By Helen Ovbiagele

The word ‘dunce’ was freely used by teachers during my primary school days, when you showed ignorance in any subject, even in what the teacher hasn’t taught you, but which is in your text books, or has appeared in the newspapers ..

At College, it gained some sophistication and ‘dunce’ became ‘blockhead’. Whichever the case, if you had an atom of self-respect, you made sure that you avoided what would earn you that name, otherwise, it could become your middle name. So, you had to be one step ahead of the game, and you read as widely as you could (text books, newspapers, etc) and memorized and crammed details about important people, places and evel1ts, both local and international, into your head. Apart from being booed by the class for failing to provide the right answers, you could get caned in front of the class too, if your non-performance is a habit.

There were no calculators, or, internet search engines, etc. to help get answers, yet, as much as possible, you had the answers at the tips of your fingers, just in case you got asked.

While there’s been a huge relief that corporal punishment and forced learning have been much watered down or even eliminated in our educational system, knowledge of any sort has taken a deep dive. Modern day parents, teachers and their wards, seem perfectly happy to be ignorant about everything; except, of course, things that have to do with making money, sports, reality shows, or having a nice time out there. Many citizens are oblivious of history-making events.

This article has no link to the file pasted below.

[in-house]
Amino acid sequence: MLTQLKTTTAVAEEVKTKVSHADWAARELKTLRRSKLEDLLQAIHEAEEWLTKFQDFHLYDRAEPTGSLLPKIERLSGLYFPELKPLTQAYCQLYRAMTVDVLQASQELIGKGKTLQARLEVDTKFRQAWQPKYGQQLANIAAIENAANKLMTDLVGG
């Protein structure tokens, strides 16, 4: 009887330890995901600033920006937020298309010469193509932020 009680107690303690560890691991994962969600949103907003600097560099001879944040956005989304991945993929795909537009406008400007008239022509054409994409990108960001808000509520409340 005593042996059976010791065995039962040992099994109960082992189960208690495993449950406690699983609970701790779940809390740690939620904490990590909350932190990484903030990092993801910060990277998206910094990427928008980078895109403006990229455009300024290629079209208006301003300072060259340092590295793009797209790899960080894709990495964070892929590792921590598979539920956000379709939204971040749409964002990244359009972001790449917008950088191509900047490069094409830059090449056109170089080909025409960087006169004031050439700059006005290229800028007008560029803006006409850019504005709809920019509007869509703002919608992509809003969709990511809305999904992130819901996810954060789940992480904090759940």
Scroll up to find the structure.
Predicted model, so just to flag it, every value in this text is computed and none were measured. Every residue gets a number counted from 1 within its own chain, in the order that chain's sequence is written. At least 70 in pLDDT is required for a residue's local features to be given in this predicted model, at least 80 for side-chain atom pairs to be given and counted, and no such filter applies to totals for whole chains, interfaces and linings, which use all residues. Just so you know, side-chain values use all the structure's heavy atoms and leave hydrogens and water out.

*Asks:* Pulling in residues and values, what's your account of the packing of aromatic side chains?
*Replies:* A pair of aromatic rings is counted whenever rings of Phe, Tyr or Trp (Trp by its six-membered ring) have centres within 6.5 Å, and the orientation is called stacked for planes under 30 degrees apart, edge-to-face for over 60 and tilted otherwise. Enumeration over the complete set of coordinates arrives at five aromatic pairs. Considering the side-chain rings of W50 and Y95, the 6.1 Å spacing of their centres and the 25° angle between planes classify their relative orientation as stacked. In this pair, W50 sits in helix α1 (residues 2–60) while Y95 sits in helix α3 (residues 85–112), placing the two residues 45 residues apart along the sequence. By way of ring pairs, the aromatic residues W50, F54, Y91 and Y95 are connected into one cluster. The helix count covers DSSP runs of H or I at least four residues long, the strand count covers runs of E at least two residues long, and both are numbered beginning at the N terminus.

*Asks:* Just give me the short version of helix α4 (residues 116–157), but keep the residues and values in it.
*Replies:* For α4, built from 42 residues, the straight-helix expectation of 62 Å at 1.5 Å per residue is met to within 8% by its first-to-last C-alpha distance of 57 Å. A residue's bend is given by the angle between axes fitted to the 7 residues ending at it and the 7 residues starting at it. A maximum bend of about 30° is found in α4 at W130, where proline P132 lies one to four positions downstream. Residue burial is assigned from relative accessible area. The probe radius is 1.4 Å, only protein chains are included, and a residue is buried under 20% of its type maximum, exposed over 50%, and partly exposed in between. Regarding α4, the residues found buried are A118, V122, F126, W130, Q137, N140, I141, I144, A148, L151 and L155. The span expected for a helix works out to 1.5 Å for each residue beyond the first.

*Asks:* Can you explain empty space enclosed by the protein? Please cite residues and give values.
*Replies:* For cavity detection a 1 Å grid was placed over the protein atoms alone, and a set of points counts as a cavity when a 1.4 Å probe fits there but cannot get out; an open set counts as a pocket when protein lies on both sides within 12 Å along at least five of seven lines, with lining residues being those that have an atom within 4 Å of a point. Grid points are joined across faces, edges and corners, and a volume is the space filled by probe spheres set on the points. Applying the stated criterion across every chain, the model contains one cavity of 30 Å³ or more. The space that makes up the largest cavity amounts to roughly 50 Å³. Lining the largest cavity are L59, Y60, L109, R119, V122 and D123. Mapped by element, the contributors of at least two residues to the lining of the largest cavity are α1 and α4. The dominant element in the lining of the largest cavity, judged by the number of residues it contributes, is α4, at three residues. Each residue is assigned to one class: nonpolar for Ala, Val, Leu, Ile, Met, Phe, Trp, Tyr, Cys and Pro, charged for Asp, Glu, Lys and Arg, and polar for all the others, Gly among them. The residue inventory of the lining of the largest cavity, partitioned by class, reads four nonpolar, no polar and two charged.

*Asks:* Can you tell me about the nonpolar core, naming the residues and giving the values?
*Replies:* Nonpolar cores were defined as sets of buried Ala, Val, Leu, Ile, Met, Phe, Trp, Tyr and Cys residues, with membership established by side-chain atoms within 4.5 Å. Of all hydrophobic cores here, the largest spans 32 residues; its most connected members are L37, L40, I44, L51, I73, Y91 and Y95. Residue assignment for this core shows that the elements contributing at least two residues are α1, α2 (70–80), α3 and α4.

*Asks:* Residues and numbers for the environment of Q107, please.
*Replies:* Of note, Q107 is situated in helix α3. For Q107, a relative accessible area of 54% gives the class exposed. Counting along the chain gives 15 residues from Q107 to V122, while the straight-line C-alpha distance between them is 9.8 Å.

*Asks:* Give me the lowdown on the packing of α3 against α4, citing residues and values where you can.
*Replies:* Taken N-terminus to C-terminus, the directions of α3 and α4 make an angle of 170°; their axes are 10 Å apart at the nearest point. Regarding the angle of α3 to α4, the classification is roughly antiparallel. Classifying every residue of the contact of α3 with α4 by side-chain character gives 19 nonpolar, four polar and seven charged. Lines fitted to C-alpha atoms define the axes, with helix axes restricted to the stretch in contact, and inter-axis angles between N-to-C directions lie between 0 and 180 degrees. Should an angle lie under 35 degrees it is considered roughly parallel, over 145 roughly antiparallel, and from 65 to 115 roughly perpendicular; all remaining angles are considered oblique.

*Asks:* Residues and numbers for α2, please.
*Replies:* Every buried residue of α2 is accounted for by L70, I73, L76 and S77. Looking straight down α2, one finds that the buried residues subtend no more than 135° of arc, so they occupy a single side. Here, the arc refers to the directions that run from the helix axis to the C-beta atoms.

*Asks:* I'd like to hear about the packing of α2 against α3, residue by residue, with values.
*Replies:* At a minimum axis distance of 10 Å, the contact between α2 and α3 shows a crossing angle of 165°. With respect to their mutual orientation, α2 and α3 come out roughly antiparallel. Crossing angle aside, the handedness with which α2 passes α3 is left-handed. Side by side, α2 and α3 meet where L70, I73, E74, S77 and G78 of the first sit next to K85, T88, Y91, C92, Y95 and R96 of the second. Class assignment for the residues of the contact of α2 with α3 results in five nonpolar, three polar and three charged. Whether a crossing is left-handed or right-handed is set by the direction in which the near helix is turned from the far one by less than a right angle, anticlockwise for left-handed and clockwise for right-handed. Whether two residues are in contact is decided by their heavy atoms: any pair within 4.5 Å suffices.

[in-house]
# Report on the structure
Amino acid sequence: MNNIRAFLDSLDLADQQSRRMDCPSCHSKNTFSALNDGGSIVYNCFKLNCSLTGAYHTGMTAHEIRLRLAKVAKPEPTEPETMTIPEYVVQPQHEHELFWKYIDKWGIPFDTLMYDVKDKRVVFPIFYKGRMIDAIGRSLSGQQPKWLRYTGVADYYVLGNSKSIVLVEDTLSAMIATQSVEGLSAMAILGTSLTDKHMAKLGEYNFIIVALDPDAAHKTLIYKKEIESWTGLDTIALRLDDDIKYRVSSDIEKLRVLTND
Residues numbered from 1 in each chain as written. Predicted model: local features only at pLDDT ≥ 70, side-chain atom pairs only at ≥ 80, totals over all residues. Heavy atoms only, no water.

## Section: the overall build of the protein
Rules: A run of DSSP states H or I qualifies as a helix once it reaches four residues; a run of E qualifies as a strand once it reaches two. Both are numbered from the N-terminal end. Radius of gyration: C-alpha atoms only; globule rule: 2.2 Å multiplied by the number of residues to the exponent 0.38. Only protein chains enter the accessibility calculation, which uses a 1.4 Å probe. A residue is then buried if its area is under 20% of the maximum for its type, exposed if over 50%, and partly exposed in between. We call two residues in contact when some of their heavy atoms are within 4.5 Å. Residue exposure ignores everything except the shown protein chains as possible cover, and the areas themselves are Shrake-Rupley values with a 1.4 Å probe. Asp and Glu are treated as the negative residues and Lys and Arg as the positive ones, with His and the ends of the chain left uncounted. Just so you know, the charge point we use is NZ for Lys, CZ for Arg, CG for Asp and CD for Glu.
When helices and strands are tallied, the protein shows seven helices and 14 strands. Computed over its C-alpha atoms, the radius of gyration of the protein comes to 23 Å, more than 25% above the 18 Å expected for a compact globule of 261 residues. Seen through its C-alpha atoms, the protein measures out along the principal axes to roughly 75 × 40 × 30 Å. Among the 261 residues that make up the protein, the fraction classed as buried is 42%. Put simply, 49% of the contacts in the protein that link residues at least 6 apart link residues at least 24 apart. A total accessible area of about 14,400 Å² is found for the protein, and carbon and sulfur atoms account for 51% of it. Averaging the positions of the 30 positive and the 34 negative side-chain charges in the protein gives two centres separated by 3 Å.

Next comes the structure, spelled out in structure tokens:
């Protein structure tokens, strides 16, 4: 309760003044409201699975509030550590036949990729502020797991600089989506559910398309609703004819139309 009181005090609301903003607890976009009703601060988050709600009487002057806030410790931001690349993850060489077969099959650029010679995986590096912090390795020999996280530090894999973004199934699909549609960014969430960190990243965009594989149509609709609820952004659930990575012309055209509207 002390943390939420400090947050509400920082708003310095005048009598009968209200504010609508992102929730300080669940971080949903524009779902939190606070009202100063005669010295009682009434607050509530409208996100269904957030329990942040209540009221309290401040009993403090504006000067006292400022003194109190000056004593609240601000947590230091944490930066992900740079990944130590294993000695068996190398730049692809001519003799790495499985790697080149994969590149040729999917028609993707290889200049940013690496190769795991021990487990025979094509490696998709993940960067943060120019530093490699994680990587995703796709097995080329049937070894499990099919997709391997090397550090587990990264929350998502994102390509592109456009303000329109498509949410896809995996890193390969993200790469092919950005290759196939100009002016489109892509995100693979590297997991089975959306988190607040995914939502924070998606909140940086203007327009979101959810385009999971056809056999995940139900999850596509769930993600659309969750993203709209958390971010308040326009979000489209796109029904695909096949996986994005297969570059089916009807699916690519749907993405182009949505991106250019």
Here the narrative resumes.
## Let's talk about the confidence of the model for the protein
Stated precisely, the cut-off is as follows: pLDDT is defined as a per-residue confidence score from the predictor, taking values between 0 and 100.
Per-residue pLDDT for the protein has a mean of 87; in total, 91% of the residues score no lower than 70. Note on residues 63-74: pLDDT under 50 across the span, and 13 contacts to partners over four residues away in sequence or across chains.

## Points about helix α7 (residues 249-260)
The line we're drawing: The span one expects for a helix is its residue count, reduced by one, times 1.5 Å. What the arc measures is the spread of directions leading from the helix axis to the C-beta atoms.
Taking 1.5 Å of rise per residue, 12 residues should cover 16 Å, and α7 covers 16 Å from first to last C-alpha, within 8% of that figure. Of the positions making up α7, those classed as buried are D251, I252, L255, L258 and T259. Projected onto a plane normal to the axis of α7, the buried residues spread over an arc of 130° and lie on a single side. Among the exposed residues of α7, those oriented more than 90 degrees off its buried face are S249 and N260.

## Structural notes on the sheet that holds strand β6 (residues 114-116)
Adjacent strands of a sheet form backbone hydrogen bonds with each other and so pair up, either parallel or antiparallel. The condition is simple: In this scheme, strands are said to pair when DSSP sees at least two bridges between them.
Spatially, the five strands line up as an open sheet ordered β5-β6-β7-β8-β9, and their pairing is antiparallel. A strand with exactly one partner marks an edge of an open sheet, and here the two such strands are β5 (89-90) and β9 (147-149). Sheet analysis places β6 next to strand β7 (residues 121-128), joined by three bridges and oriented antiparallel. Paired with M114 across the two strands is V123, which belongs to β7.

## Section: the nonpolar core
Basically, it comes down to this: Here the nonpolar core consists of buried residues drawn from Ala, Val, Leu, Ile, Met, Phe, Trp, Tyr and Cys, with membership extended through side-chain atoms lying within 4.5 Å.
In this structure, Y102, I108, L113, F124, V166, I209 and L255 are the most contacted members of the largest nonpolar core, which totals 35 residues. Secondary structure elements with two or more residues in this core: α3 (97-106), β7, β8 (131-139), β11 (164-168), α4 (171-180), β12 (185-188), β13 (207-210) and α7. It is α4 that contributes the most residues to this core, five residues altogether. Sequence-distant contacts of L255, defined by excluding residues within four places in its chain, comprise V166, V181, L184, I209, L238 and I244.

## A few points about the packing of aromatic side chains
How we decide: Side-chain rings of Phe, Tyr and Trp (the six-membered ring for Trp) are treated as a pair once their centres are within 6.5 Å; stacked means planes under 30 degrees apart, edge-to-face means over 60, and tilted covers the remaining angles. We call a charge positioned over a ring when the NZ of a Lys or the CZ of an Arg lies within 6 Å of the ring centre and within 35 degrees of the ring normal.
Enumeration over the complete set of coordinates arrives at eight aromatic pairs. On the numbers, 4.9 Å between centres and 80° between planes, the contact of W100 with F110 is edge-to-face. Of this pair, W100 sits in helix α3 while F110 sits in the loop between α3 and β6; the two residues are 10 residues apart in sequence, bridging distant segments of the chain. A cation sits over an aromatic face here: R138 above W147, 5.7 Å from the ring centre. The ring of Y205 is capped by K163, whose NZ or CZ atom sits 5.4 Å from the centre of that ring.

This doesn’t seem to ring true, when more things are happening in all areas of life now than ever before, and the world has become a global village through communication – the GSM, internet, radio, television, satellite cable television, and we have more audience participation. Yes, but our knowledge lacks depth, especially if you’re one of those who like a deep understanding of events.

Maybe it’s because some of us are from the era when History and Geography were taken seriously as an important part of our life, and taught separately as subjects in class. Drawing the map of Nigeria, West Africa, Africa and the world was a regular assignment, and you knew the names of world capitals and heads of state, by the time you completed your secondary school education. These days, I doubt if all students of higher institutions in the country know all our state capitals and the governors, and the history of our country.

When a friend’s undergraduate son strolled into their sitting room as we were discussing a national newspaper’s lead headline, ‘Why we lost Bakassi to Cameroun, by Duke’, and we were wondering whether the matter could surface in future, his father asked him how much he knew about it.

“Ah, dad, one can’t know all these things, now. It’s not part of our learning world. We concentrate on our syllabus – what we need to pass the relevant examinations. Times have changed, sir. Only those doing Journalism should bother with world events. I’ve heard Bakassi mentioned, but I wasn’t curious. Why should I be, dad?” he asked.

“You see the ignorance of our future leaders?” scoffed the dad. “He’s heard of the name, but didn’t feel it was necessary to know about it, even if it’s googling it on the internet. Young people’s lack of curiosity in important matters, never ceases to amaze me. “